May 25, 2016 Odessa, Ukraine
In Ukraine, we have learned a lot:
Lesson 1: Russia has a plan
Lesson 2: A cucumber is not a cobra
Lesson 3: Odessa is beautiful
Before we move on to Lesson 1, let us quickly recap. From Dracula’s castle we walked up to the road again and we almost started to feel bad. We had just left so much comfort behind and then this: the first car that passed stopped with a waving German flag right in front of us and the friendly Nelu, a young Moldovan with surprisingly good German skills, drove us straight into Moldova, our desired destination. Nelu operated his own transport service between southern Germany and Moldova. Apart from the two seats in his minibus he even invited us for lunch and took us all the way to Orheil. The second hand market between Germany and Moldova is booming. What is no longer needed in Germany lands in one of the many minibuses. Even many of the cars around here are all second hand cars from Germany.
Due to the long wait at the border crossing between Romania and Moldova we arrived late at the junction for Orheil vechi (old Orheil, Nelu recommended us to visit its monastery), where a friendly Russian-speaking Moldovan picked us up and, despite our language difficulties, seemed to be very amused with our idea to try and camp out there. He even dropped us off in front of a sign, which read “Camping”, although there was none in sight. Luckily, the guard of a neighboring hotel(?) allowed us to camp in their garden, as long as we packed up before 8 am the next morning to not scare the other tourists, which he explained to us in Russian with the help of drawings in the sand with a little stick. It meant we could finally set up our 3.1 kg heavy tent, which had been exclusively stored in Jeroen’s backpack since the beginning of our journey, but not without some bickering. Jeroen’s way of setting up the tent roughly consists of putting two poles in the ground and throwing a tarp over it, whereas Linda happily anchors away every little stake firmly in the ground. It probably did not help that we were hungry while doing it. But we worked it out and not soon after, what should have been pasta with tomato sauce, was slowly simmering on our petrol cooker. While our mood improved, the pasta was becoming squishy. Very, very squishy.
Fresh and rested the next morning we explored Orheil vechi and shot a small film, which you can find in the film section of our blog. We were enthusiastically chasing after bees, butterflies and grazing goats with our camera, when we suddenly heard the sound of bells. When we walked up to the monk in the bell tower, he invited us to visit an ancient monastery inside a cave.
From Orheil vechi we decided to spend a few days in a hostel in Chisinau and relax. In addition to the Soviet architecture and beautiful parks, we discovered Moldova’s excellent wine in Chisinau! Almost the entire country is riddled with vineyards and in Chisinau we indulged in its many different varieties. Despite the extremely low prices, it caused our stay in Moldova (the poorest country we visited so far), to be the most expensive part of our journey..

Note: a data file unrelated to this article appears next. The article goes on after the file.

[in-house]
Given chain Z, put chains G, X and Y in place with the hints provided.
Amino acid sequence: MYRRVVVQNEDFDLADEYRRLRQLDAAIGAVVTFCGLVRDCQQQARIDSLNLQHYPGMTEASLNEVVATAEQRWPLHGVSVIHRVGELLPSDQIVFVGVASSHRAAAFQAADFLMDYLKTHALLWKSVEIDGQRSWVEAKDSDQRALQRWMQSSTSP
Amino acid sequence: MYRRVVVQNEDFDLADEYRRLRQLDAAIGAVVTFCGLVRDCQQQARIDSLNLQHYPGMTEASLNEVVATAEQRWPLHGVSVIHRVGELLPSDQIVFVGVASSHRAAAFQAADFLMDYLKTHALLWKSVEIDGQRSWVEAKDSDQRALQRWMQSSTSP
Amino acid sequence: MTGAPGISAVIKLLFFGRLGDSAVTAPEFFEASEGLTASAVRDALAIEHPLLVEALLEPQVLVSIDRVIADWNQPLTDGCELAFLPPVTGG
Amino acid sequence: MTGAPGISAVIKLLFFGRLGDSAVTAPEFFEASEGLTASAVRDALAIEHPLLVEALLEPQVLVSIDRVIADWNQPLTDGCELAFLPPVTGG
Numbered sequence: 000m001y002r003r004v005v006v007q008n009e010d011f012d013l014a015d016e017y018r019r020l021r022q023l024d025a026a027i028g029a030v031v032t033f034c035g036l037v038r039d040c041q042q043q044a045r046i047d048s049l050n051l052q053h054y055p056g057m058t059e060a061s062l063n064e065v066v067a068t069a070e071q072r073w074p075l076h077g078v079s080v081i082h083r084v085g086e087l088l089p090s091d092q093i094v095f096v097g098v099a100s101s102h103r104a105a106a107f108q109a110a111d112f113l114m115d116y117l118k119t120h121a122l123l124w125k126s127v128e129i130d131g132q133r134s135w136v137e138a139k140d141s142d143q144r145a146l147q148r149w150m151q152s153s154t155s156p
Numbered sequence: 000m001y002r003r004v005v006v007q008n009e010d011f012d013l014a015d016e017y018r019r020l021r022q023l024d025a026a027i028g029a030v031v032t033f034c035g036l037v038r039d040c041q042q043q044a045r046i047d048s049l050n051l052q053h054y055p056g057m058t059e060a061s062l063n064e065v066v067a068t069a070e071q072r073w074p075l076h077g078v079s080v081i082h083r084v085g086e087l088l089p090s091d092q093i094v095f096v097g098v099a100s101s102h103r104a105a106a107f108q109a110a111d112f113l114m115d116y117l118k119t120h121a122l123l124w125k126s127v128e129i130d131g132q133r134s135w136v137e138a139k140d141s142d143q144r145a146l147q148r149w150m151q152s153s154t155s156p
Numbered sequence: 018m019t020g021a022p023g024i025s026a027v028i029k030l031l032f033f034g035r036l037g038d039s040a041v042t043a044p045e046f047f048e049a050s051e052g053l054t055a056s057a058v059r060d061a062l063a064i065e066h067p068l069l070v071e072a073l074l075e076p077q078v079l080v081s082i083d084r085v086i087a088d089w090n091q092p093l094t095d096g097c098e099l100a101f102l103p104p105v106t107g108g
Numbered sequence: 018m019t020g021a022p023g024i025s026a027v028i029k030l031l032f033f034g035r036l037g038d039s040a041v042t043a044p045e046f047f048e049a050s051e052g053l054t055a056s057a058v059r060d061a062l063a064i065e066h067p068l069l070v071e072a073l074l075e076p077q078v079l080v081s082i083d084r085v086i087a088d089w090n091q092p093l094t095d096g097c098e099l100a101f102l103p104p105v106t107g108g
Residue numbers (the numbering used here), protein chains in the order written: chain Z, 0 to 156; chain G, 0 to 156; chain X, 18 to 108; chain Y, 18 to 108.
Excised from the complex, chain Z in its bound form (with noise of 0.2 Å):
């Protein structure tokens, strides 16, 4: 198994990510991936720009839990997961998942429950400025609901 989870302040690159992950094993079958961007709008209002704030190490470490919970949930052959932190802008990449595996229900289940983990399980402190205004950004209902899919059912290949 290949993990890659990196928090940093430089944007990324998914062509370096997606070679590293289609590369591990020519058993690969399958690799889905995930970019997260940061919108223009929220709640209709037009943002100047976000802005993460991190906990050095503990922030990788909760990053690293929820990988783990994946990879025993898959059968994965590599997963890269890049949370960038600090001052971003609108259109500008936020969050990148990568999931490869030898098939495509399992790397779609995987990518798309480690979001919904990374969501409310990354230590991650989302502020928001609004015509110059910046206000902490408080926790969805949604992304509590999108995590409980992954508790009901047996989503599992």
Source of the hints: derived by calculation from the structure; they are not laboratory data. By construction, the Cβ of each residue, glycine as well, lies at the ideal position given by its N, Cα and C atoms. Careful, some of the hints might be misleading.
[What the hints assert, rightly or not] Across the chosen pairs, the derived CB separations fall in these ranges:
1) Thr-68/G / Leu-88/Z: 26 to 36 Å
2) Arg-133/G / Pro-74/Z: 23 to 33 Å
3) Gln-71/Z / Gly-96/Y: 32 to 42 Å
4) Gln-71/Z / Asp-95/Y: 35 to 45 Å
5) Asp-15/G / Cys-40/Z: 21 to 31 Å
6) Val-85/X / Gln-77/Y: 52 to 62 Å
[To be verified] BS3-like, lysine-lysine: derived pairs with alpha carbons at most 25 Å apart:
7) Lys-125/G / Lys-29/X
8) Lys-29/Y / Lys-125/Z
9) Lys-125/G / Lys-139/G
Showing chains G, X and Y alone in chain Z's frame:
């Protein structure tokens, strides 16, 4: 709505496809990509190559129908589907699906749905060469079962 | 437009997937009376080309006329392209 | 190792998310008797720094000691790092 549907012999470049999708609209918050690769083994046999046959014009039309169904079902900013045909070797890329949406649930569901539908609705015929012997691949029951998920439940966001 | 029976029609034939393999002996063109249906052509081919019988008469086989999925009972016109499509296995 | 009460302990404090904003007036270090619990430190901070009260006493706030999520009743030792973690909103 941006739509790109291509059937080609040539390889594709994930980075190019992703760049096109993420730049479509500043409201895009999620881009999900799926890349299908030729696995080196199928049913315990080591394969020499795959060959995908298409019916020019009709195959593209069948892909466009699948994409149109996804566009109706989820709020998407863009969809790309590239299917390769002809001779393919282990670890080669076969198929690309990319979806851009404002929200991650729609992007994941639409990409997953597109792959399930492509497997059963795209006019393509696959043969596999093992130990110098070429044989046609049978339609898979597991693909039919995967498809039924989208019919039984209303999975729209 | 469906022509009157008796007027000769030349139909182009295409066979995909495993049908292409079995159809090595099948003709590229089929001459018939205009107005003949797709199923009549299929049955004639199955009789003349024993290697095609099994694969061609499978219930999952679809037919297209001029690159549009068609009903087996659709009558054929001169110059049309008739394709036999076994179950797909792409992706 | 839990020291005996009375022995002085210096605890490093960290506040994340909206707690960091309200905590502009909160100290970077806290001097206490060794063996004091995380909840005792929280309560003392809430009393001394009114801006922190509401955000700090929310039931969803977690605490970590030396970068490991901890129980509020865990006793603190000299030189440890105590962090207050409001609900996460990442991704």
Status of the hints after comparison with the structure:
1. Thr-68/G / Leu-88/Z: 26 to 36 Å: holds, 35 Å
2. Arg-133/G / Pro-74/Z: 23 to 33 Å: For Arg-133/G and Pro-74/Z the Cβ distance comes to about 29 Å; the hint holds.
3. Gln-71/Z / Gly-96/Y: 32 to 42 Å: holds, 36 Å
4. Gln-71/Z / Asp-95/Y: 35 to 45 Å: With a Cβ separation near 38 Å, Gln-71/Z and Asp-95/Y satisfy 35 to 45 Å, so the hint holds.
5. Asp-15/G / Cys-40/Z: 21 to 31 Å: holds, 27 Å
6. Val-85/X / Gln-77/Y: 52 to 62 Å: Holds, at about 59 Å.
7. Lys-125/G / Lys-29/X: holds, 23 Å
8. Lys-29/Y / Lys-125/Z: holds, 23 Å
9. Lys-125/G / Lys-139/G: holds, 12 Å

From Chisinau we traveled to the small village Romanovca (before known as Rohrbach), where Linda’s grandfather lived as a child. The people in the village were very confused about our visit and very helpful in their efforts to help us leave. Thus a lady approached us and asked: “niet Ruski, niet Moldawi?” Arguably, this would mean as much as “what the hell are you doing here?”. We then tried to persuade her to draw something in our booklet, to which she wrote something in Russian, which we of course did not understand. Later at the hostel we got the friendly Olga to translate it for us. It read: “You need a translator”. Even without any translators we managed to find the one small village shop, which also functions as the only bar, where we were treated on free water and ice cream. We must have looked very helpless, as more and more Romanovcanian women were brought in to help arrange a taxi out of the village for us. While waiting for the taxi, the nice Svetlana invited us into her home and treated us on strawberries, pastries and Palinka. With the help of our own drawings we were able to explain why we visited Romanovca. Svetlana’s face lit up and she immediately offered us to spend the night and visit one of the last German houses in Romanovca. Unfortunately the taxi was already on its way and we did not want all previous efforts from the friendly ladies in the shop to go to waste, so after a quick look at the German house we were on our way back to Chisinau again.
Our next adventure was to take place in a country that does not exist. A country in which the flags still fly with a sickle and hammer. A country in which the red star still shines bright. We were on our way to Transnistria. Already at the border it felt as if we went 30 years back in time into the Soviet Union, reminding us of a 70s Russian propaganda film. Contrary to our initial fears, we met a very friendly Transnistrian border patrol officer. Soon after, we found ourselves in the midst of a crowded market and a maze of Cyrillic letters in Tiraspol, with a Russian voice echoing through the loudspeaker.. We were glad that we could decipher the Cyrillic alphabet to find our way past the many Lenin monuments on to the bridge over the Nistra to Victor in Kitskani, our couchsurfing address. After some skeptical looks toward us and our big backpacks of many passersby, we were picked up by Lydia who dropped us off at the gates of Victor’s place. Apparently, everyone in the village knows Victor as the one person to invite international visitors to his house.